I feel that USCitzenAbroad’s comment on Eric’s post is deserving of its own post.
The (former) Premier of New Brunswick David Alward, born in Massachusetts (who previously expressed frustration over his IRS tax compliance obligations) has renounced his U.S. citizenship.
USCitizenAbroad now alerts us to the possibility that another Premier, Premier-Elect Rachel Notley of Alberta, may also be a U.S. person.
For the protection of these hapless U.S. persons and that of the Canadian people, should proof of non-U.S. citizenship status be a requirement for accepting public office in Canada for all those who have a U.S. taint?
THE ORIGINAL COMMENT:
Thanks for your continued research and attention to detail on this important topic.
Thanks in particular for including the chart of “some” recent renunciants. I note that “David Alward”, (the former premier of New Brunswick), is on that list. I note also that the reason given was his acceptance of his new role as Canadian Consul General in Boston. [I (SK) personally believe that there are other reasons; see below].
This may be a bit of a “homecoming” for Mr. Alward. A Wikepedia entry says that was born in Beverly, Massachusetts and moved to Canada at a young age (a familiar narrative).
Alward was born in Beverly, Massachusetts. The son of a minister, Alward moved to Atlantic Canada in his youth where he graduated from high school in Nackawic, New Brunswick. Alward received his post-secondary education in psychology in the United States at Bryan College in Dayton, Tennessee.
Mr. Alward’s renunciation of U.S. citizenship is of possible interest for another reason. It was reported in 2011, (and apparently confirmed by Mr Alward) that he was having the usual “U.S. tax compliance problems”. See the following blog post (which appears to have been based on news articles in 2011):
At least we’re not alone; New Brunswick Premier David Alward is caught in the same broad net that is causing so much stress and lack of sleep for American expats the world over.
Alward, who was born in Massachusetts and spent a few years of his childhood in the US before his family settled in New Brunswick, has issued a statement that he understands the frustration we feel as we sort through years of records to bring ourselves into compliance with the US Treasure Department’s draconian regulations.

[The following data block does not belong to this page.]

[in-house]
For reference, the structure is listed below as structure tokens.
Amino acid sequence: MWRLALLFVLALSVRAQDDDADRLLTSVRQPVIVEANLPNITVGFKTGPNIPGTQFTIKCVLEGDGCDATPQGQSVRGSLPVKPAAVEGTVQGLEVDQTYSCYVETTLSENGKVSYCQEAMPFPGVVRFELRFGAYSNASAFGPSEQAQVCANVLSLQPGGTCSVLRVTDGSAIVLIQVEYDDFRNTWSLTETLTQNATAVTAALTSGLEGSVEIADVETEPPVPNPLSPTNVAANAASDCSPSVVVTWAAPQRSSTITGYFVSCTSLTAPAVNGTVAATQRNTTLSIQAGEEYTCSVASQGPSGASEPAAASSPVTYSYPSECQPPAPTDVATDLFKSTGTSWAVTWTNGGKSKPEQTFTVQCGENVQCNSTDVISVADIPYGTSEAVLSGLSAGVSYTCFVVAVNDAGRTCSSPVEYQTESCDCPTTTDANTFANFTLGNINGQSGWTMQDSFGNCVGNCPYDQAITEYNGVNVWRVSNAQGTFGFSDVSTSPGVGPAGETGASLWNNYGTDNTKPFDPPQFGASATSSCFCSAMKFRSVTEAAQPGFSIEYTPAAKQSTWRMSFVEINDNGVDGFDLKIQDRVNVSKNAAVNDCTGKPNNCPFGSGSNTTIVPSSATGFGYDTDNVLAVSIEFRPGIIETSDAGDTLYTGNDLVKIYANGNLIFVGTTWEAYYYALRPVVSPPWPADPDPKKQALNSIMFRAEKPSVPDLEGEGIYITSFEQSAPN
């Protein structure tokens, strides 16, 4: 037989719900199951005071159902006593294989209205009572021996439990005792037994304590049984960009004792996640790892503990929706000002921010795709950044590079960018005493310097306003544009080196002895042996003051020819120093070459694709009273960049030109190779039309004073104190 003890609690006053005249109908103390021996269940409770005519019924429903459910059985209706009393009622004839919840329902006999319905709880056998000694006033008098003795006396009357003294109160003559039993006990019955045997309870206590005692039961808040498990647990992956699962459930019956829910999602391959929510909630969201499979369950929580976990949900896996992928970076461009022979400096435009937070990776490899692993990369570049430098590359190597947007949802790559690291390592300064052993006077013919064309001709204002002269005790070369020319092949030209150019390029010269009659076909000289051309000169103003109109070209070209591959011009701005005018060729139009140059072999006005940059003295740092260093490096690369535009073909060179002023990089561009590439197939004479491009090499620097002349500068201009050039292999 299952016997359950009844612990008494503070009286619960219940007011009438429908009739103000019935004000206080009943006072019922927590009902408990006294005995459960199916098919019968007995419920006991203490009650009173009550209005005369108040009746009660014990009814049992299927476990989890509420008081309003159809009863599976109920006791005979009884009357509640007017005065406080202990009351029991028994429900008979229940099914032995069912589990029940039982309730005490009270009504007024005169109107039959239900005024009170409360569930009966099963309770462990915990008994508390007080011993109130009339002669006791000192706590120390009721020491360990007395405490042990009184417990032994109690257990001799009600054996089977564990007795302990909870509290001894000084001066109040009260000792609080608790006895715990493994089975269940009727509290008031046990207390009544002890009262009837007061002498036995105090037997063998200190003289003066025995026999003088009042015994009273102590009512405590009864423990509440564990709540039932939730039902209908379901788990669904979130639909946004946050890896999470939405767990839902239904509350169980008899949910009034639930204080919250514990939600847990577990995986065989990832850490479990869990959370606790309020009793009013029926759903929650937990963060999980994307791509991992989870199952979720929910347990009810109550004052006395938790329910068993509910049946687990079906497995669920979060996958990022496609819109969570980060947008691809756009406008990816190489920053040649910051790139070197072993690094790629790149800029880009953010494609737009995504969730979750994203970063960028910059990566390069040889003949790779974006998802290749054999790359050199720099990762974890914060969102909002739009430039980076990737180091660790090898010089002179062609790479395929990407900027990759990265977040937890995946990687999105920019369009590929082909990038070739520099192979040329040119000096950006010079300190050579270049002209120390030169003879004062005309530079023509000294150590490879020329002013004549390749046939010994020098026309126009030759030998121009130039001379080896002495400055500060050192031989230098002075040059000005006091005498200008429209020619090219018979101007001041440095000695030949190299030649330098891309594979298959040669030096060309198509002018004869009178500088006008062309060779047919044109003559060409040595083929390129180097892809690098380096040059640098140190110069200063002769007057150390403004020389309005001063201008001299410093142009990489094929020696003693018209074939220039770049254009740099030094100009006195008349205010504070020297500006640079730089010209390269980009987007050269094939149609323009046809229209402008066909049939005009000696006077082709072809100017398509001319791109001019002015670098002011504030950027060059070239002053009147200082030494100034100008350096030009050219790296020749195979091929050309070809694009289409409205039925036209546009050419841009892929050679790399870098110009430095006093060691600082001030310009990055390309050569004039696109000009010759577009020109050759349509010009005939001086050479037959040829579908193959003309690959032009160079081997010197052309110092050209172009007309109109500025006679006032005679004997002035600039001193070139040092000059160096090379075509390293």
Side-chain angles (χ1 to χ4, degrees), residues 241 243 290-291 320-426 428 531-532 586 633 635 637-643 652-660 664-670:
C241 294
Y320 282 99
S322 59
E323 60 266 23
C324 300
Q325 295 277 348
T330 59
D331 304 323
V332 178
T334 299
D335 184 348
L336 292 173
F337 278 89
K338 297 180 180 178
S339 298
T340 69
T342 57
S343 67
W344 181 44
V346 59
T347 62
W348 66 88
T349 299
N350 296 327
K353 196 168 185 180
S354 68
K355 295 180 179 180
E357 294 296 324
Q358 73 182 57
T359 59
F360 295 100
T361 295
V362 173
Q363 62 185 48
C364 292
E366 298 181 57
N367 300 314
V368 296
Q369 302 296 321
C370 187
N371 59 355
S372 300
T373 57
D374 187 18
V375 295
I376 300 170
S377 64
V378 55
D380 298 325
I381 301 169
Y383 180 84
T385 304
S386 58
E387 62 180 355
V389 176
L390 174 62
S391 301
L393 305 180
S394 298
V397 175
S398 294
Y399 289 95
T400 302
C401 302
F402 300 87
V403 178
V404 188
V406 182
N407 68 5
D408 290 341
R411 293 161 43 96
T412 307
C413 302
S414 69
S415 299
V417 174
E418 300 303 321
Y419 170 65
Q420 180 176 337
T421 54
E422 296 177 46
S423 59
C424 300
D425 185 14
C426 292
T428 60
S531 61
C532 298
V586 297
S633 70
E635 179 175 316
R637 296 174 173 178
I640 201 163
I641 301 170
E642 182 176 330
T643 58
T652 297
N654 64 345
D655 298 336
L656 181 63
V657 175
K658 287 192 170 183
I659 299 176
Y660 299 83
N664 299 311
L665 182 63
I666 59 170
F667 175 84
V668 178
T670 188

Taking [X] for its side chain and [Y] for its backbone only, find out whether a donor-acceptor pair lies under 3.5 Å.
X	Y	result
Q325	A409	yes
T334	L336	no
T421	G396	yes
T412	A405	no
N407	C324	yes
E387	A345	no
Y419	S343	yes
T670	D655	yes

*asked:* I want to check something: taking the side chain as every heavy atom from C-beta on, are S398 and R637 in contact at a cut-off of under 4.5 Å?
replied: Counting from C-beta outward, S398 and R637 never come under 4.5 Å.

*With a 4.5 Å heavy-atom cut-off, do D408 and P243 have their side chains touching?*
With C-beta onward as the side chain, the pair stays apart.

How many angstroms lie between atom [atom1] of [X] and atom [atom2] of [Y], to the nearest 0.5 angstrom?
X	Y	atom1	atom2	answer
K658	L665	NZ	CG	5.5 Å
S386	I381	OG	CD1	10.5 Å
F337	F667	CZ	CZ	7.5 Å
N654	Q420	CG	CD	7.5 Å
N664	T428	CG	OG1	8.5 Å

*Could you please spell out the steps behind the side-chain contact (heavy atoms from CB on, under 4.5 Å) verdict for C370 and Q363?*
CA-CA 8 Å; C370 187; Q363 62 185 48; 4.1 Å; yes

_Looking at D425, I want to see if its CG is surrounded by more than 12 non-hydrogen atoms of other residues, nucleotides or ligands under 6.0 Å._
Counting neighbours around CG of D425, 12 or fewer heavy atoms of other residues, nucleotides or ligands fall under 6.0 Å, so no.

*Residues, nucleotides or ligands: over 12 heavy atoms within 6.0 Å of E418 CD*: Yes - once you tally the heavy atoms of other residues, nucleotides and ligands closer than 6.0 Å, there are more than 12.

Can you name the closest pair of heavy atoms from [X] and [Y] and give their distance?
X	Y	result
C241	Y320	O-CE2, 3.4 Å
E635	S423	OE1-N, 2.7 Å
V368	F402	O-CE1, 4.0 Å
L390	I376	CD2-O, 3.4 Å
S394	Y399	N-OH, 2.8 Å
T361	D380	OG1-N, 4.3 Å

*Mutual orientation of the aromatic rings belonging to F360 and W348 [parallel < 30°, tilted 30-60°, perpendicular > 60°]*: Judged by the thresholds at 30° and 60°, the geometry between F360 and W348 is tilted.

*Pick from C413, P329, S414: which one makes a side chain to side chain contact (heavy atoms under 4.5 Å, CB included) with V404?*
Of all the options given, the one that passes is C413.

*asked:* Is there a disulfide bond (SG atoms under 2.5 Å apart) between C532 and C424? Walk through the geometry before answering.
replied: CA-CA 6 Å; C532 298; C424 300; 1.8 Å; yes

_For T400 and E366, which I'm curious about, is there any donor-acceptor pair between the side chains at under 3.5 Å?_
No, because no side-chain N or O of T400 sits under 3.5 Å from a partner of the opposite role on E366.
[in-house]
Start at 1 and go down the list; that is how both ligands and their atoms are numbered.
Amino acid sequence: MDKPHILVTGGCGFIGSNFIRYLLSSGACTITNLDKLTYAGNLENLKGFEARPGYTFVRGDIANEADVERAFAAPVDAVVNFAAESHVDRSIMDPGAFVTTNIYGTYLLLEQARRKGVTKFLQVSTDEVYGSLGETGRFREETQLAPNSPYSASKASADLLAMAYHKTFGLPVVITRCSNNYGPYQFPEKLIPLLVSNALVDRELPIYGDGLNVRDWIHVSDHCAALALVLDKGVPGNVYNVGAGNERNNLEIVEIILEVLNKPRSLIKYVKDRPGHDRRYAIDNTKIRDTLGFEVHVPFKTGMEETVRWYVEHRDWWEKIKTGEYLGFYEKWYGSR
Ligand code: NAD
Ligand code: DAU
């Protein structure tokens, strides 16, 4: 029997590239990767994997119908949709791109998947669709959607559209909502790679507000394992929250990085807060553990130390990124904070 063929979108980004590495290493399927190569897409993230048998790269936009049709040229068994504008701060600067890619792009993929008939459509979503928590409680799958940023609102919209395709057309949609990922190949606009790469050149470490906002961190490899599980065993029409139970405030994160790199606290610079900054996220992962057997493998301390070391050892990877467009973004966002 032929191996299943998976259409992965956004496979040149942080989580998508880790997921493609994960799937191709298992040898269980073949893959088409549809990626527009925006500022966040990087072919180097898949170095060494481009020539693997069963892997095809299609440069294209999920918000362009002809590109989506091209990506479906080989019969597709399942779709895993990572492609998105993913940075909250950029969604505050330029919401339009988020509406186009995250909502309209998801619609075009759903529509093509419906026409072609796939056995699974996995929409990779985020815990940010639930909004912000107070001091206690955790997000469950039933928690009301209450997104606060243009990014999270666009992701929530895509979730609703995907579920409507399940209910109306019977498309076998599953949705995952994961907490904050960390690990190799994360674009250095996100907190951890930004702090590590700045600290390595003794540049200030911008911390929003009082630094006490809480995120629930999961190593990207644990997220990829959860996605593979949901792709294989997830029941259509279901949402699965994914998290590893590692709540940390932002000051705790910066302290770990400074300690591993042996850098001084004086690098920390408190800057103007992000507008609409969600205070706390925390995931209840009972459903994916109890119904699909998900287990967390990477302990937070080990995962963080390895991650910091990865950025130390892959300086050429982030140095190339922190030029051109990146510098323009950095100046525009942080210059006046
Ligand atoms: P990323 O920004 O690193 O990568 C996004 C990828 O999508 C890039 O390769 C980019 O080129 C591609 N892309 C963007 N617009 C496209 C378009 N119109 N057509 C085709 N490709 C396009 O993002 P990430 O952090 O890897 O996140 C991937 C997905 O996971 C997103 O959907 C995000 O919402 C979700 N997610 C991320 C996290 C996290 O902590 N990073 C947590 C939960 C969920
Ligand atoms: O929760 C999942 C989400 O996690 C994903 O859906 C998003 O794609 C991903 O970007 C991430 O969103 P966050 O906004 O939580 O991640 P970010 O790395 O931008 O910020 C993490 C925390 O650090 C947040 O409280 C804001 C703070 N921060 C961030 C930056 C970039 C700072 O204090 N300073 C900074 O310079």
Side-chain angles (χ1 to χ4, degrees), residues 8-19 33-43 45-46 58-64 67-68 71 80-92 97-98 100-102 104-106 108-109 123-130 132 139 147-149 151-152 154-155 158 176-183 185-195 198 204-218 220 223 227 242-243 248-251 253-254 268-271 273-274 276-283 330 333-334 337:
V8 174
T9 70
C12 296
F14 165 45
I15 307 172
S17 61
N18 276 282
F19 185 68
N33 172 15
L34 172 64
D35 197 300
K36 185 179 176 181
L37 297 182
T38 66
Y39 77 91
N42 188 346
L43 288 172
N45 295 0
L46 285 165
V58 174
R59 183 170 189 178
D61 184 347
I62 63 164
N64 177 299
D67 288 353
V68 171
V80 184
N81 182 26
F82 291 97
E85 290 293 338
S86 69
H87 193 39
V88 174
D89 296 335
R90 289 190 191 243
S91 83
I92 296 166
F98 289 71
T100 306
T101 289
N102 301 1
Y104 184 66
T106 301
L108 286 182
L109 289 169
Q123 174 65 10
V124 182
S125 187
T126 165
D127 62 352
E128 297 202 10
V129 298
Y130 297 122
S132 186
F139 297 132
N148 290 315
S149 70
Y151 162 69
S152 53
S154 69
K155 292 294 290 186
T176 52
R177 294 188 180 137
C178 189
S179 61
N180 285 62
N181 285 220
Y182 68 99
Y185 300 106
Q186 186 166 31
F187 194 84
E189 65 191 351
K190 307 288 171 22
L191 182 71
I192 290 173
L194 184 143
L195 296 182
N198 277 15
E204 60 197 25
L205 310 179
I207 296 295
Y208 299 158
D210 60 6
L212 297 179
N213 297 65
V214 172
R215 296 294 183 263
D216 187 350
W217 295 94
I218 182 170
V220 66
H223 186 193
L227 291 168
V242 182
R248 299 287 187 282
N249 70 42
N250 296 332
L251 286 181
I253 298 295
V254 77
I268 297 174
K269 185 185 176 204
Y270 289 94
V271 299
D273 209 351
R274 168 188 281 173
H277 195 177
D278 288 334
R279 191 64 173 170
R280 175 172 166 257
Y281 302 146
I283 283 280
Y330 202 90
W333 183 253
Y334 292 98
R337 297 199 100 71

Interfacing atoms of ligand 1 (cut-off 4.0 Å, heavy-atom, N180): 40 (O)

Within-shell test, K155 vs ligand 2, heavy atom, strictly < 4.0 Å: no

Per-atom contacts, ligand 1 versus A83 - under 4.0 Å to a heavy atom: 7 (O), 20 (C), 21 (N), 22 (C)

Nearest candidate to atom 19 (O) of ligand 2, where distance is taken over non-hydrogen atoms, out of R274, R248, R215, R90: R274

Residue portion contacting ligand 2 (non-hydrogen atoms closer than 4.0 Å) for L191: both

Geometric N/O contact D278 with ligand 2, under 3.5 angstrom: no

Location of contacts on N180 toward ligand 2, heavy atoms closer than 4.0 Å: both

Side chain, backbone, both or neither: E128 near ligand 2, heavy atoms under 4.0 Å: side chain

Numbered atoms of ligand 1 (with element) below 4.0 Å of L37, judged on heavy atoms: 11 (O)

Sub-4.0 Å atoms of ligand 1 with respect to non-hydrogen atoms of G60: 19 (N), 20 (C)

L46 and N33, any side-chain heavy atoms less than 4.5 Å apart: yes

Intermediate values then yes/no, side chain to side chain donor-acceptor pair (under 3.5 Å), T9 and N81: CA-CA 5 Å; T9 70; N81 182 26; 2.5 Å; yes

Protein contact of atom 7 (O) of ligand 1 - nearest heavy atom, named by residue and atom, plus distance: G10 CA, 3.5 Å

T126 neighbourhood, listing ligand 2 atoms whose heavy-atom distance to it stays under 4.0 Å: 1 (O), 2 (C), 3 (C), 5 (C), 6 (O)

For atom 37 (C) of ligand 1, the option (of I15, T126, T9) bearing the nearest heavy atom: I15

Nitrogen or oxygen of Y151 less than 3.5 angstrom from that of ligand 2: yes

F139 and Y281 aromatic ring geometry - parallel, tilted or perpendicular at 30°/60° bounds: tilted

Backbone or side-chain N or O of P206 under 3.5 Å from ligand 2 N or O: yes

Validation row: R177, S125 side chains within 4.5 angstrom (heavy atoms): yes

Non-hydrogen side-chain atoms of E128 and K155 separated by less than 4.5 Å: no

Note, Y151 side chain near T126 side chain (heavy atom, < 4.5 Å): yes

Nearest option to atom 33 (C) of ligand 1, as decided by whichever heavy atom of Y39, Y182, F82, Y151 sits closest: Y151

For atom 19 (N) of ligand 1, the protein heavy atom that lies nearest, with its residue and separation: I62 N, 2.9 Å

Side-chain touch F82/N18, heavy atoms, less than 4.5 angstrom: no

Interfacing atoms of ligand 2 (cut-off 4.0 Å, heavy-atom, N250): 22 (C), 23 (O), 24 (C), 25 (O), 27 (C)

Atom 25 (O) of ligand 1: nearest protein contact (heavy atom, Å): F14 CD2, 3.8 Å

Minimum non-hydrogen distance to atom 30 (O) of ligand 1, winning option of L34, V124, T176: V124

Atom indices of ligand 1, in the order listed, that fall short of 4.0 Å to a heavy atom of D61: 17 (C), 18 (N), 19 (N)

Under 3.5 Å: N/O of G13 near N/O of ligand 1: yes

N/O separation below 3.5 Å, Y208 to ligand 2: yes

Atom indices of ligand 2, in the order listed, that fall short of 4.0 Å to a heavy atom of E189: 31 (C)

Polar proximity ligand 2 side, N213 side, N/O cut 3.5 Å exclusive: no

“I’ve had to scramble like thousands of other people,” Alward said, adding that he is complying with the U.S. demand for tax returns going back years and detailed disclosures.
“This is a difficult situation for a lot of people. I can tell them I am going through the very same thing they are going through.”
FATCA – which was enacted in an attempt to catch and punish tax evaders, drug lords, and money launderers – casts too broad a net, and is instead causing a great deal of fear among honest, law-abiding Canadian residents who do not owe money to the US. Many, like Alward, have only distant ties to the US.
“I don’t know where it will lead or what our success will be – they have the right to tax American citizens. But the fact is a lot of these people that are in Canada, and I think it’s over a million, most have never lived in the United States and it’s just happenstance they were born there,” added Keith Ashfield, Canada’s former revenue minister and the senior cabinet minister for New Brunswick.
We are not criminals, and we are not tax evaders. We’ve merely committed errors of omission and we do not deserve to lumped in alongside wilful tax evaders.
Such is part of the story of the former premier of the Canadian province of New Brunswick. I wish him luck in his new job.
Mr. Alward is one example of the many Canadians with some kind of U.S. connection in their past. A connection that they clearly regret.
Moving on to current premiers:
As you know, Rachel Notley has just become the NDP premier of Alberta. The following Wikipedia entry includes:
Notley was born on April 17, 1964 in Edmonton, Alberta, and was raised in the town of Fairview, Alberta, the daughter of Sandra Mary “Sandy” (Wilkinson) and Alberta NDP Leader and MLA Grant Notley. She is the sister of Paul Notley and Stephen Notley (author and illustrator of Bob the Angry Flower). Her mother was born in Plunkett, Massachusetts.
It appears that Rachel Notley “may” (further details would be required) have been born to a “U.S. citizen” mother. This of course leads to the tantalizing question for Ms. Notley of:
“Are you, or have you ever been a U.S. citizen?”
The Obama Legacy is such that one of the most interesting things to know about a person has become, is the degree of their “USness”.